Spiced Apple and Parsnip: A cake a cut above the rest by Anthony O'Toole

A good workman never blames his tools. That’s usually because a good workman only uses good tools. Irish chef, Anthony O’Toole, is one such craftsman. Found in the kitchen, rather than the workshop, he is committed to the importance of simple, carefully chosen pieces when he’s cooking. Ones that effortlessly combine form and function, are elegant yet utilitarian and guaranteed to work. He’s a devoted supporter of our Spear Pestle and Mortar and has shared with us his secret to creating the perfect mixed spice blend and his favourite recipe in which to use it.

 “When we think of a mortar and pestle, baking never really springs to mind. We tend to use shop-bought ground spices instead of grinding spices ourselves. For many bakers, freshly ground spices can bring a cake to the next level, creating a complete difference in taste and texture. Whole spices and seeds, stored properly, last longer than ground spices and I like to make up only small amounts of spice blends at a time, storing them in an airtight jars in a dark, cool cupboard. I prefer to buy my spices from Asian stores, specialty food stores or a spice merchant because they tend to have a high turnover of spices so they are always fresh. My rule is, buy ‘little and often’, compared to having spices at the back of your cupboard that you will never use.

This spice mix is a fragrant reminder of Christmas. ‘Mixed spice’ or ‘pudding spice’ as some people call it is one of my favourite spice blends. We think to only use it at Christmas time to make our festive bakes but I use it throughout the year in biscuits, cakes, and ice creams, with roasted fruits, and even in some savoury dishes as well.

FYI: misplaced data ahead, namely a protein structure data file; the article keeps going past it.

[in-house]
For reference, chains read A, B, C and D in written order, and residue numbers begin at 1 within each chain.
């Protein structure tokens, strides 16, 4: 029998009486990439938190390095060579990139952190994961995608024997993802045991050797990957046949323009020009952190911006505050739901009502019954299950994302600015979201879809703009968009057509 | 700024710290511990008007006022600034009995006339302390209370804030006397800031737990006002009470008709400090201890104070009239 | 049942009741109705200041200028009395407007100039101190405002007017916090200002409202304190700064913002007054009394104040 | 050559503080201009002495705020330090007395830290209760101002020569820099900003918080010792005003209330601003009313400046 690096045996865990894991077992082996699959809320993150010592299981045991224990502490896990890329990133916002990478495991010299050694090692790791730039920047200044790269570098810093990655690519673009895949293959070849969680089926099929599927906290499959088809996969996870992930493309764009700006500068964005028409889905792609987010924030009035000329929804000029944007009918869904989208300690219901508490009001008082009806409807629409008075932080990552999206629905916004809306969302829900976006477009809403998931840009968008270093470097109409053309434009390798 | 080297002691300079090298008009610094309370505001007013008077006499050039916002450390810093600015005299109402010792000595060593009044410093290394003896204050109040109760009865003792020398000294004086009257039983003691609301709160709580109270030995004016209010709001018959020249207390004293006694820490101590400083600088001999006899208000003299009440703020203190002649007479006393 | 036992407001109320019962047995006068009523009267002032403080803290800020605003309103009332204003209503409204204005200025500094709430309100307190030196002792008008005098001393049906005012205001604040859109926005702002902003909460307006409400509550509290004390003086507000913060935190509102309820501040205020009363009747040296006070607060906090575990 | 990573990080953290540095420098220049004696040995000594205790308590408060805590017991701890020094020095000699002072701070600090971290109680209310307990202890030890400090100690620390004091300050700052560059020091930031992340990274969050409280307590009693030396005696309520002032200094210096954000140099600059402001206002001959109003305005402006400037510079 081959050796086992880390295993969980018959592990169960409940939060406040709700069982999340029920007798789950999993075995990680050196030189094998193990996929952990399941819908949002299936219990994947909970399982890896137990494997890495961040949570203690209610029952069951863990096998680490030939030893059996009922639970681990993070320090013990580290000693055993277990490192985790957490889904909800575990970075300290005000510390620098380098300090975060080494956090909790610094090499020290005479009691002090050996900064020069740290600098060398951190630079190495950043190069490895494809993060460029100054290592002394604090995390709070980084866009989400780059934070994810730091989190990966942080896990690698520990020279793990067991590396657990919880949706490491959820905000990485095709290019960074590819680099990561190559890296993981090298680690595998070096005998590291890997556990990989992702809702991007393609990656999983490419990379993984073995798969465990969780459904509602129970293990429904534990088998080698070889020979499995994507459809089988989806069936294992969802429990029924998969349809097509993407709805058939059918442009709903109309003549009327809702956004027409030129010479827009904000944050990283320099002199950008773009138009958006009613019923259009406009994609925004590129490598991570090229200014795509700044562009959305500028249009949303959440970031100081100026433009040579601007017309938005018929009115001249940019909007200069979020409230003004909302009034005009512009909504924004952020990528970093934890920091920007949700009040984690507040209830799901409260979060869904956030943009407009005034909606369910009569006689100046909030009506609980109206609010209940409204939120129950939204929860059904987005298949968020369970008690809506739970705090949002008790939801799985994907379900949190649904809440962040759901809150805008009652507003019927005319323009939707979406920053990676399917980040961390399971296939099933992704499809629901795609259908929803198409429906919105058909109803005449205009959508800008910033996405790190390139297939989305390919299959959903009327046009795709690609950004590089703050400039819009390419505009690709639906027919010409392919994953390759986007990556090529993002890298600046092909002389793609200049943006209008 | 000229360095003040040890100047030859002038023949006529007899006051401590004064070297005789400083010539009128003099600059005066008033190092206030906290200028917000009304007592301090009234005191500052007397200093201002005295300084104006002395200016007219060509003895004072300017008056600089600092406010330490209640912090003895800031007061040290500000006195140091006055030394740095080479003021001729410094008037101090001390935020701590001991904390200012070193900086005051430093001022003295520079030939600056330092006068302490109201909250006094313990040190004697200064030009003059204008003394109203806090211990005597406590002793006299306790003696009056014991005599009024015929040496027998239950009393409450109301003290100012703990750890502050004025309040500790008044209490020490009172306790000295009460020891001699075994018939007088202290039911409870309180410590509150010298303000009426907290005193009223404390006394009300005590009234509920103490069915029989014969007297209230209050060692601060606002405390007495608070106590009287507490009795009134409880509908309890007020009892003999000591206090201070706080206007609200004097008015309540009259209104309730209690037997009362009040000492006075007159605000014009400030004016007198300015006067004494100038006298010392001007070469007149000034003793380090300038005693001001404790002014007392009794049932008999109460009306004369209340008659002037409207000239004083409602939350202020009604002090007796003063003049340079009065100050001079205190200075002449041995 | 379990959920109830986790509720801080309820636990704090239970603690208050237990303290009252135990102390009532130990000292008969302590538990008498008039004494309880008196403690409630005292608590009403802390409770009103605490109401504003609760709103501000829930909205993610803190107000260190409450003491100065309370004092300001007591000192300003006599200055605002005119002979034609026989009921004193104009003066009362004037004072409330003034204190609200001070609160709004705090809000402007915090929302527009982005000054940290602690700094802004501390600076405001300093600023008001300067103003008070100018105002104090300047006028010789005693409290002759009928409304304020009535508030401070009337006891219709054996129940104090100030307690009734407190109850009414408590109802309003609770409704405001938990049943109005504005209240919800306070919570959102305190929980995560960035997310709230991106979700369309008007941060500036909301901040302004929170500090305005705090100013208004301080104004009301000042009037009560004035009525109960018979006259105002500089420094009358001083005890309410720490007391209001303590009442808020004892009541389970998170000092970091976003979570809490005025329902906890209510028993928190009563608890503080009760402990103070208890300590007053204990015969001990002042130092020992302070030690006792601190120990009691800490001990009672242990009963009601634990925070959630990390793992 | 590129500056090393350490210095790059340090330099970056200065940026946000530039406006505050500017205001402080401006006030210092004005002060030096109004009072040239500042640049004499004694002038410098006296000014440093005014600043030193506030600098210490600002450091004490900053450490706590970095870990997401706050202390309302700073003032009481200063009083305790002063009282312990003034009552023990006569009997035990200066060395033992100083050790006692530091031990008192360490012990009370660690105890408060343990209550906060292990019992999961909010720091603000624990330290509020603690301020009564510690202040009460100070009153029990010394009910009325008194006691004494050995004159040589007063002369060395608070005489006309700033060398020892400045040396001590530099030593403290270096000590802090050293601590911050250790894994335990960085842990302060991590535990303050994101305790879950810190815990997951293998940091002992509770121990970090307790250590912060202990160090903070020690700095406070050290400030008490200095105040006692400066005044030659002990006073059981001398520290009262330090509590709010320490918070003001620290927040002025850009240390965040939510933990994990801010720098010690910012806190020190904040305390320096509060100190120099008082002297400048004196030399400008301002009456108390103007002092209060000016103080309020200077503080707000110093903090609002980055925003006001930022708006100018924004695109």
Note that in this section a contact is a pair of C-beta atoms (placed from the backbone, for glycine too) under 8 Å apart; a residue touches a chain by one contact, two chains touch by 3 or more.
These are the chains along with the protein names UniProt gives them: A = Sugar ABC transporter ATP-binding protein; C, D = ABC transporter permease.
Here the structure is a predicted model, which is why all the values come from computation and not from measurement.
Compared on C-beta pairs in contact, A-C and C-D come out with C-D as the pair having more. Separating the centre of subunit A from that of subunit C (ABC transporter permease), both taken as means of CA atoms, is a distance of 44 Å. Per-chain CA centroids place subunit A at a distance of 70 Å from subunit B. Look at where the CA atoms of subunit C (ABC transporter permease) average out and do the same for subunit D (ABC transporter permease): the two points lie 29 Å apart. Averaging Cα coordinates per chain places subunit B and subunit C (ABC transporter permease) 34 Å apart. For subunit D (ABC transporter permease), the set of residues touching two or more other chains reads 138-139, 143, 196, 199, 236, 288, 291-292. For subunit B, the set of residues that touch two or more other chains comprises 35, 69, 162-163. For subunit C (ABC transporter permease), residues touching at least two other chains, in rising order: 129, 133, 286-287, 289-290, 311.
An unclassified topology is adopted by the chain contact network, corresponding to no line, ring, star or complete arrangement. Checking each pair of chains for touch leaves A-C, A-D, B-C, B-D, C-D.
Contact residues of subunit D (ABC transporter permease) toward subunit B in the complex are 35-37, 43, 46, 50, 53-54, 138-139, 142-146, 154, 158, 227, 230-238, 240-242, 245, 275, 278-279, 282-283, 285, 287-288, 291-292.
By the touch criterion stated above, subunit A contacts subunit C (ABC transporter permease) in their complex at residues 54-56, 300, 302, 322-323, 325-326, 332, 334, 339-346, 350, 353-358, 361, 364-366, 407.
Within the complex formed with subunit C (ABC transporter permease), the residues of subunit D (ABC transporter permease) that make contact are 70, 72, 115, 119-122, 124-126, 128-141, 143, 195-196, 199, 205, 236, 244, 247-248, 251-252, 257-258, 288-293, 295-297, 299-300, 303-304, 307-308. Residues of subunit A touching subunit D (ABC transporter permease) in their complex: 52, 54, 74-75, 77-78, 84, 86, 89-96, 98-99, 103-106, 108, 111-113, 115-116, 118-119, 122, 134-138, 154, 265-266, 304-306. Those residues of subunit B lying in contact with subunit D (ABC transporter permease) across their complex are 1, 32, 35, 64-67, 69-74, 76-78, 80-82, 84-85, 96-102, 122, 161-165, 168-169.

When making any spice blends, I like to weigh my spices as it delivers consistency. A teaspoon measure can vary quite significantly from baker to baker.

  • Allspice berries, 10 grams
  • Cloves, 5 grams
  • Coriander seeds, 5 grams
  • Mace blades, 5 grams
  • Ginger powder, 5 grams
  • Nutmeg, freshly grated, 5 grams
  • Cassia bark, freshly grounded, 5 grams

Place all the spices into the mortar and very slowly grind with the pestle until they form a powder. It will take some time to grind, about 2-3 minutes, so turn on your favourite tunes. There will always be a few spices that will not grind down, so I sieve out these pieces before storing in a jar. Below, Anthony shares with us the perfect recipe in which to use this spice blend. 

SPICED PARSNIP AND APPLE CAKE
with a maple syrup, mascarpone and hazelnut topping

Makes 1 x 900g / 2lb loaf

For the cake

Soft brown sugar, 150 grams

Sunflower oil, 150 ml

Free range or organic eggs, 3 medium size

Vanilla extract, 5 grams

Plain flour, 125 grams

Baking powder, 10 grams

Ground almonds, 50 grams

Mixed spice, 10 grams

Sea salt, crushed, 2 grams (pinch)

Parsnips, peeled and coarsely grated, 200 grams (weight when peeled)

Eating apple, peeled, cored and coarsely grated, 100 grams

Hazelnuts, roughly chopped, 75 grams

Sultanas, roughly chopped, 50 grams

For the topping

Mascarpone, 250 grams

Maple syrup, 30 ml

Hazelnuts, roughly chopped, 20 grams

Maple syrup, 10 ml – for drizzle

Baking instructions

Preheat your oven to 170°C/Fan 150°C/Gas 3. Grease and line a 2lb loaf tin with parchment paper.
Into a large mixing bowl, add the brown sugar, oil, eggs and vanilla extract together and whisk until light in colour for roughly 1 minute. Use your electric mixer if you have one.
Fold in the plain flour, baking powder, ground almonds, mixed spice, and sea salt.
Then, fold in the grated parsnips, apples, hazelnuts and sultanas.
Pour the mixture into the prepared tin. Use a plastic spatula to make sure you get all the mixture in.
Bake for 50-60 minutes, until a skewer inserted into the centre comes out clean.
Cool completely before removing from the loaf tin, as the cake will be very moist and might break.
To make the icing, beat together the mascarpone and maple syrup until combined.
Using a small spatula or knife, spread the mascarpone evenly on top of the cake making ripples so the hazelnuts and more maple syrup will have groves to stay on top. Sprinkle over the chopped hazelnuts and lastly, drizzle over the extra maple syrup.

 

I love to eat this the day after baking as the spices mellow and the flavours develop.

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